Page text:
Happiness as a measure has always been a part of traditional ethics, including Christian ethics. To declare happiness irrelevant seems to me a pretty radical break with pre-modern religious views.

  13. The coercive resources of the modern state are much greater than they were back in the pre-modern and early modern eras. I am concerned about putting that much power in the hands of one man in an absolute monarchy. I think though we can talk about a mixed constitution involving some sort of monarchy, but that would still involve an assembly of some sort, which has traditionally included some form of popular representation.

  14. It is also worth noting that the divine right of kings is a rationalizing and simplifying ideology from the early modern era. The main theorist was Jean Bodin from the 1500s.

  15. I’m also not sure that either the form of government or the composition of our elites is particularly the problem. The big problem seems to me to be prosperity. When people are rich, comfortable and secure they quite spontaneously and naturally lose reverence for religion, hierarchy and traditional virtue. Just putting a king on top of everything isn’t going to much change things.

  16. Lawrence Butler responds to Bonald:

    …I found Bonald’s argument to be pretty sloppy. Not only does he ignore the democratic foundations (which, like many things at the time, were logical continuations of Greek and Roman political developments) in the Middle Ages, he seems to disregard the prevalence of Christian morals in America’s founding. While the liberation and ’social justice’ theologies of today can easily contort Christian morals, that does not mean that Christianity and democracy are incompatible. I don’t know why Bonald sees the “happy centuries” (a gross oversimplification) as ending after the days of widespread democracy. There were many Christian tyrants before Christian democracy, and there were many Christian tyrants within Christian democracies. The problem is that, without virtuous citizens, no political system can stay uncorrupted. Democracy can only flourish when a majority of voters possess a sound moral compass. Monarchy trusts that one person is following a well-formed moral compass. While one might argue that the odds are better that one person remains virtuous over many, it’s also true that power corrupts one person sooner than it corrupts many. Since a democratic system also diffuses those bad decisions within a larger, more active political community, it has better built-in damage controls than a monarchy…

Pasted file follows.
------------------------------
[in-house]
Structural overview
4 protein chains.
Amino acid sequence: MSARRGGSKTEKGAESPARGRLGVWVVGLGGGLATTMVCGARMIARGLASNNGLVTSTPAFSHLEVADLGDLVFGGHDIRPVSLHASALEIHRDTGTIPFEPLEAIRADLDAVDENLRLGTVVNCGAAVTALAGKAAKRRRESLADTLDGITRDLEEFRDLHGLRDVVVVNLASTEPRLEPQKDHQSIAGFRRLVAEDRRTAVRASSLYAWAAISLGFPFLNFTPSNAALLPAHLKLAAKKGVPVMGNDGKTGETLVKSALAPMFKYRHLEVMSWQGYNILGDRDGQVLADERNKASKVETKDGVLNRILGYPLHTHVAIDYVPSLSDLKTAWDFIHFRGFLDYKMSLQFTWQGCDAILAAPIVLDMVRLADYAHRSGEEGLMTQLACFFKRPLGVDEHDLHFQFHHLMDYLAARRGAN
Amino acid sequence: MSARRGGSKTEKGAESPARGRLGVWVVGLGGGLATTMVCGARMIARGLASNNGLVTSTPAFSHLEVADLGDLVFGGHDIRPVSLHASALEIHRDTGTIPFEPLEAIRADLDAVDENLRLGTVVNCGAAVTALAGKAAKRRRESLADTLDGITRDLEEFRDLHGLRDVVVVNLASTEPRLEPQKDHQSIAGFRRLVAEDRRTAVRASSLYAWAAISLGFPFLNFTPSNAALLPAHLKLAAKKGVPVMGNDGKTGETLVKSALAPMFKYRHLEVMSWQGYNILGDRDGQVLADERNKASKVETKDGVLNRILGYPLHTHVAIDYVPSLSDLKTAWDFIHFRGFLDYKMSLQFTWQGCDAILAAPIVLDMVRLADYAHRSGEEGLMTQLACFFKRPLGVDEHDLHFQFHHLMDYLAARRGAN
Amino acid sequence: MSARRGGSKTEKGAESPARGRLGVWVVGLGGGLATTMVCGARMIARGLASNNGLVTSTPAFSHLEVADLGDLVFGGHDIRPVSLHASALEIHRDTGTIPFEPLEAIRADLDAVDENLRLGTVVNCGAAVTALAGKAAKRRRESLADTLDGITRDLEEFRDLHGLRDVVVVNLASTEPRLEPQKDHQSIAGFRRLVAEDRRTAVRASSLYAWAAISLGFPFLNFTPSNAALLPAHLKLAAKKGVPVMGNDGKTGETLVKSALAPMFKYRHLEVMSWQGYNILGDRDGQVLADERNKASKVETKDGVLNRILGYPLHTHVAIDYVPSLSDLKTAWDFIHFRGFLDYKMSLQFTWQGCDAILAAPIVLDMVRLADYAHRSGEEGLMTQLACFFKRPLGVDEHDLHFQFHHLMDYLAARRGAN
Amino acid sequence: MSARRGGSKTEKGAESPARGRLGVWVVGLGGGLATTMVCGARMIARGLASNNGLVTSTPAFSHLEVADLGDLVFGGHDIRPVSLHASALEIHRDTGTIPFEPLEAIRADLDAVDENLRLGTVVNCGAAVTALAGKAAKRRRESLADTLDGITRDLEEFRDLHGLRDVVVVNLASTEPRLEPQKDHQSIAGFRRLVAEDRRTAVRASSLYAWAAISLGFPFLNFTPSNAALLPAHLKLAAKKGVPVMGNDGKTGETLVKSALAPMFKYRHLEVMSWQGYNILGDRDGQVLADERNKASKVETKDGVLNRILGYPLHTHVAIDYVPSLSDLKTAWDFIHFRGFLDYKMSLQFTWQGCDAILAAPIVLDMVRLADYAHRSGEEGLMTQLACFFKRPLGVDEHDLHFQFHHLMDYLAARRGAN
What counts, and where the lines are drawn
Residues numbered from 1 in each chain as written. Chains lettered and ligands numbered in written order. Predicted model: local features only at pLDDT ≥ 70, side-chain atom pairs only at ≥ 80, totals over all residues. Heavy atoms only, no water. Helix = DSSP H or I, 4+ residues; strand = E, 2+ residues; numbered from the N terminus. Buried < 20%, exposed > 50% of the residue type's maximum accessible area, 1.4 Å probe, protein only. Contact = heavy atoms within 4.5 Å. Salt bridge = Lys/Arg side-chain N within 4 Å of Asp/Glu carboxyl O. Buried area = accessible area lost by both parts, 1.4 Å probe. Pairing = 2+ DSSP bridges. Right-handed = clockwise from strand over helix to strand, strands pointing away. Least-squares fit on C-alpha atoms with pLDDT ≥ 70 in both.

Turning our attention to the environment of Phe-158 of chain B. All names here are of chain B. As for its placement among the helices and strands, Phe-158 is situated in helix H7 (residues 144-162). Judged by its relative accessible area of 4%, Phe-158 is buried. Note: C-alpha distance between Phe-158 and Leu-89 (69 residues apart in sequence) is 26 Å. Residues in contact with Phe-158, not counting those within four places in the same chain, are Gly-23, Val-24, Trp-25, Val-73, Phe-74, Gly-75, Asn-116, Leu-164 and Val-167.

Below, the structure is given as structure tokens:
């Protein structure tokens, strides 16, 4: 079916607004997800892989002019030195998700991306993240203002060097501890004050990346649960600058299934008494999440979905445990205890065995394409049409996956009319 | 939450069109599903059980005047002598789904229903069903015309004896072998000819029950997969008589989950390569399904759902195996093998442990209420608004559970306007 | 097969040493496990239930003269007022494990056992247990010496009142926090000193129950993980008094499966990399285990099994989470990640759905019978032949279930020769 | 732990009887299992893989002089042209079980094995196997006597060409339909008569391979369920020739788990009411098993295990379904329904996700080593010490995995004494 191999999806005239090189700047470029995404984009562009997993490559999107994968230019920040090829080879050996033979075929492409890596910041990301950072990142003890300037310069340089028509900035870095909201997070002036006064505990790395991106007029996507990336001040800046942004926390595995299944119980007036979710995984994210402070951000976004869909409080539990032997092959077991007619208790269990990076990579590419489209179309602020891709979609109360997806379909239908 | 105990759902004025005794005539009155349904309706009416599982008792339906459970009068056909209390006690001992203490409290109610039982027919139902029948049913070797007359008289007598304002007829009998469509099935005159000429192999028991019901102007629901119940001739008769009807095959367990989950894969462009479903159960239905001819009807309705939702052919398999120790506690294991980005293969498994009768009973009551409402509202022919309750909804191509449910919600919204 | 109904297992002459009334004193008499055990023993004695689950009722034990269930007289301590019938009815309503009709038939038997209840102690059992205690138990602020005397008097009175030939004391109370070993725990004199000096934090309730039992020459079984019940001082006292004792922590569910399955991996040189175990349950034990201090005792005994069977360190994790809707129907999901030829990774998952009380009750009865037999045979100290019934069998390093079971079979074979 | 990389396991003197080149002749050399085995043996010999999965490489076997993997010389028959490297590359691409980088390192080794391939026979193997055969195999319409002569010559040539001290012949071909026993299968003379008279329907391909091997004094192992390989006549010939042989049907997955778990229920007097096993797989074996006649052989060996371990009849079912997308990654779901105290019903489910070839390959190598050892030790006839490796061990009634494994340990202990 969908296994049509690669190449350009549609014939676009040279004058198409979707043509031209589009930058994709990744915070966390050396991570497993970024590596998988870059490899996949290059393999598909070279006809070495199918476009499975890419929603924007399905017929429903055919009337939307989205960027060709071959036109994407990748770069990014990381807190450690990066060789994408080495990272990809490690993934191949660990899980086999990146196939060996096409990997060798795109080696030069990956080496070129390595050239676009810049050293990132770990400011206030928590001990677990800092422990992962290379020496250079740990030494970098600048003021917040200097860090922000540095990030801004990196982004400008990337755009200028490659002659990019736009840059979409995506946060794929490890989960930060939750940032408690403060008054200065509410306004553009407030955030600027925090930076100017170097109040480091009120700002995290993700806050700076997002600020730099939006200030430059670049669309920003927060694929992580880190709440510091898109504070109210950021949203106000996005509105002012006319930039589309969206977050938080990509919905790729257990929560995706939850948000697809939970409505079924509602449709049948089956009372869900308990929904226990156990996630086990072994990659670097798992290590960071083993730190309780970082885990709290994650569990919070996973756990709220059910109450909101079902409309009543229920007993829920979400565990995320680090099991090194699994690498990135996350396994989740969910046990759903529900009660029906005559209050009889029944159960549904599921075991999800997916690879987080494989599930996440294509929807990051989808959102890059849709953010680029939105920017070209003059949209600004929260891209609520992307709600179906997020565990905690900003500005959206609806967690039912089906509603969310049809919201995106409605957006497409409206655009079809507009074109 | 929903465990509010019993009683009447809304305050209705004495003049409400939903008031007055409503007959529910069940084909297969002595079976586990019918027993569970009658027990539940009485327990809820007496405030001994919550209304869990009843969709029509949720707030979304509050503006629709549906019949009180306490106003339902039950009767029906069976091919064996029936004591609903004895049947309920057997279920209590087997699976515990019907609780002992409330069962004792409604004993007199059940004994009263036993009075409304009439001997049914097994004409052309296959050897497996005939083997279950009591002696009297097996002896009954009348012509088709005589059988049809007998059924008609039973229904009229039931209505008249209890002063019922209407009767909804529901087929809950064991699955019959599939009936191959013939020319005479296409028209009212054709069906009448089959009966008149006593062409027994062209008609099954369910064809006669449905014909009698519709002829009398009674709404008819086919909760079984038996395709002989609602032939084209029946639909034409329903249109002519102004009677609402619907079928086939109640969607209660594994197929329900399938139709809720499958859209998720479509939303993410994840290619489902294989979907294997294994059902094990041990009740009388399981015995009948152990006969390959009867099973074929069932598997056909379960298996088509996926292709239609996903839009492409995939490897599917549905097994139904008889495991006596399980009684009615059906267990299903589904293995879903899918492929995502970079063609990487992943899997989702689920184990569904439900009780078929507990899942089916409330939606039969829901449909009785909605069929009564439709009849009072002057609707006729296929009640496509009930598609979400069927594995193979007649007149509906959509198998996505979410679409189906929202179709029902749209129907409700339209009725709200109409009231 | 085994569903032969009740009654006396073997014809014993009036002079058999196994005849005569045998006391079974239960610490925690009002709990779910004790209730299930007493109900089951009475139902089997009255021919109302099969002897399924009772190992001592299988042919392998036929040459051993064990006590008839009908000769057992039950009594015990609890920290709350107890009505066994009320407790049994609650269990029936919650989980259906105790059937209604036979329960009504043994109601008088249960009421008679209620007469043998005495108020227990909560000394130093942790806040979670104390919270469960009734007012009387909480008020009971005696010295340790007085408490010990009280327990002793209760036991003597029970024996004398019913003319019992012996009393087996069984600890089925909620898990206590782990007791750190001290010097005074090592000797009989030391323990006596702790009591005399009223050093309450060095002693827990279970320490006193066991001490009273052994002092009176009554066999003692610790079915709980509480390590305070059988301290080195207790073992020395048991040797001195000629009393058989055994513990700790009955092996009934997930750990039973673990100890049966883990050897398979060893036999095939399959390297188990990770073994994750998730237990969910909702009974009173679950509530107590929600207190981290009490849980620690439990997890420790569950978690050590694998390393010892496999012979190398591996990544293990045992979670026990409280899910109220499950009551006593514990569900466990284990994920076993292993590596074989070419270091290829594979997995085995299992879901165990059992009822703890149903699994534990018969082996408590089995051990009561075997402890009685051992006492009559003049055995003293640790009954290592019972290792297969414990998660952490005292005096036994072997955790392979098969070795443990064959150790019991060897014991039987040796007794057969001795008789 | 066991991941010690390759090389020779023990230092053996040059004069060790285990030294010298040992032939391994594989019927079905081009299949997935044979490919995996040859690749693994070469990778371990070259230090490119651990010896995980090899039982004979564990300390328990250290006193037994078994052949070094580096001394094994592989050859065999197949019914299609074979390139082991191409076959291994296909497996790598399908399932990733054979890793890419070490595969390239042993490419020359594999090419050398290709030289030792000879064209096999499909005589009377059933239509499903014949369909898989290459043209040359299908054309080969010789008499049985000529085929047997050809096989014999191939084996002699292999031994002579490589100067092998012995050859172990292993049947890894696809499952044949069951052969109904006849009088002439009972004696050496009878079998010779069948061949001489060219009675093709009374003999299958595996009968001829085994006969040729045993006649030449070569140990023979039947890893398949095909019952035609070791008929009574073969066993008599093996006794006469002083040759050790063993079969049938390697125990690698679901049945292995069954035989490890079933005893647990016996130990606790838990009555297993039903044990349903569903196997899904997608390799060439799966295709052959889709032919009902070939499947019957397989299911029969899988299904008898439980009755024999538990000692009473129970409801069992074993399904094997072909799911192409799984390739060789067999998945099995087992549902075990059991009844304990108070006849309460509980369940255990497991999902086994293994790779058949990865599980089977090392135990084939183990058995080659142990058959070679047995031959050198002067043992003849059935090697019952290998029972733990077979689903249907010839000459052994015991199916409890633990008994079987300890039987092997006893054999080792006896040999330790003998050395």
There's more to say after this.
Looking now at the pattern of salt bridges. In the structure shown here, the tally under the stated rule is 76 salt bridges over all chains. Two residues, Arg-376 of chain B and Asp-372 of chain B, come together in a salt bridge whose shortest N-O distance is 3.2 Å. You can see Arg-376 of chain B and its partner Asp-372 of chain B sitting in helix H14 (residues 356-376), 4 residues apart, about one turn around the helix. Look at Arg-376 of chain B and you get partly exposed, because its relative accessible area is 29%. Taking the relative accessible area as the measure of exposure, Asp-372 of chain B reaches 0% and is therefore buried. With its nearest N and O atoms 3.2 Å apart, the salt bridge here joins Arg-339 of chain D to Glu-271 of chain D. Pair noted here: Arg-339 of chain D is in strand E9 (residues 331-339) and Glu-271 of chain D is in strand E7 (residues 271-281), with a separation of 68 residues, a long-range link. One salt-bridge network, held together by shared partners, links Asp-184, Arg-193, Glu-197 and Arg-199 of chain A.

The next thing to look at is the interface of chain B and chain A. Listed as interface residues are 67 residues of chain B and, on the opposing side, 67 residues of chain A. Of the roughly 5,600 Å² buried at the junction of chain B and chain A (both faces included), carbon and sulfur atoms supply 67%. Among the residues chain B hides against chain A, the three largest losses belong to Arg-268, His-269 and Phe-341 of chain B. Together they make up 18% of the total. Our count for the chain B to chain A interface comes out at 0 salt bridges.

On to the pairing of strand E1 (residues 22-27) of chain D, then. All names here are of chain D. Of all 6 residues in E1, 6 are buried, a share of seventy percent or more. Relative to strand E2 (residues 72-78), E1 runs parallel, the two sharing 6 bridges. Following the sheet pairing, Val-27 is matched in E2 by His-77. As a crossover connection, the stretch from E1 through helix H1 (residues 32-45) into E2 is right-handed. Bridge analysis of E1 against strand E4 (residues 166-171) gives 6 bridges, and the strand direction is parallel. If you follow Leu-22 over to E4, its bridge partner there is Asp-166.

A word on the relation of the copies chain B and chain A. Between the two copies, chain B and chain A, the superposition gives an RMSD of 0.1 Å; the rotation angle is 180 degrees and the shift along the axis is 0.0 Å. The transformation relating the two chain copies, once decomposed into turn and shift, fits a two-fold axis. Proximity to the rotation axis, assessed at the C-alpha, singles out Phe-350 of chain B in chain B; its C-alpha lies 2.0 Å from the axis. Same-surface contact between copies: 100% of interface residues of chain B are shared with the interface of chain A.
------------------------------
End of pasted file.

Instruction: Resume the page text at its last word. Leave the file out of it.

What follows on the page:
17. Conversely, if power corrupts, democracy corrupts everyone — corrupts society itself.

    Why in the world you would want to spread this corrupting influence on a society-wide basis?

    America has existed as a democratic state for not much more than two centuries and is already collapsing. There are individual monarchical dynasties that have outlasted us.

  18. Even if a absolute ruler does become corrupt, he still has a financial incentive to rule the realm justly and efficiently; just as any business owner has an incentive to run his corporation efficiently.

    Also, it seems obvious to me that one who SEEKS power is much less to be trusted with it than one who is thrust into it.

  19. tenkev

    You are simply being naive if you think that monarchial systems gave real power to an heir who did not actively seek it. A thousand years ago in Europe – when Kings actually ruled – the passing of a King was generally followed by a bloody contest among the possible heirs and their factions. If the eldest legitimate son won out that was nice but it was usually after he had killed off his younger rivals.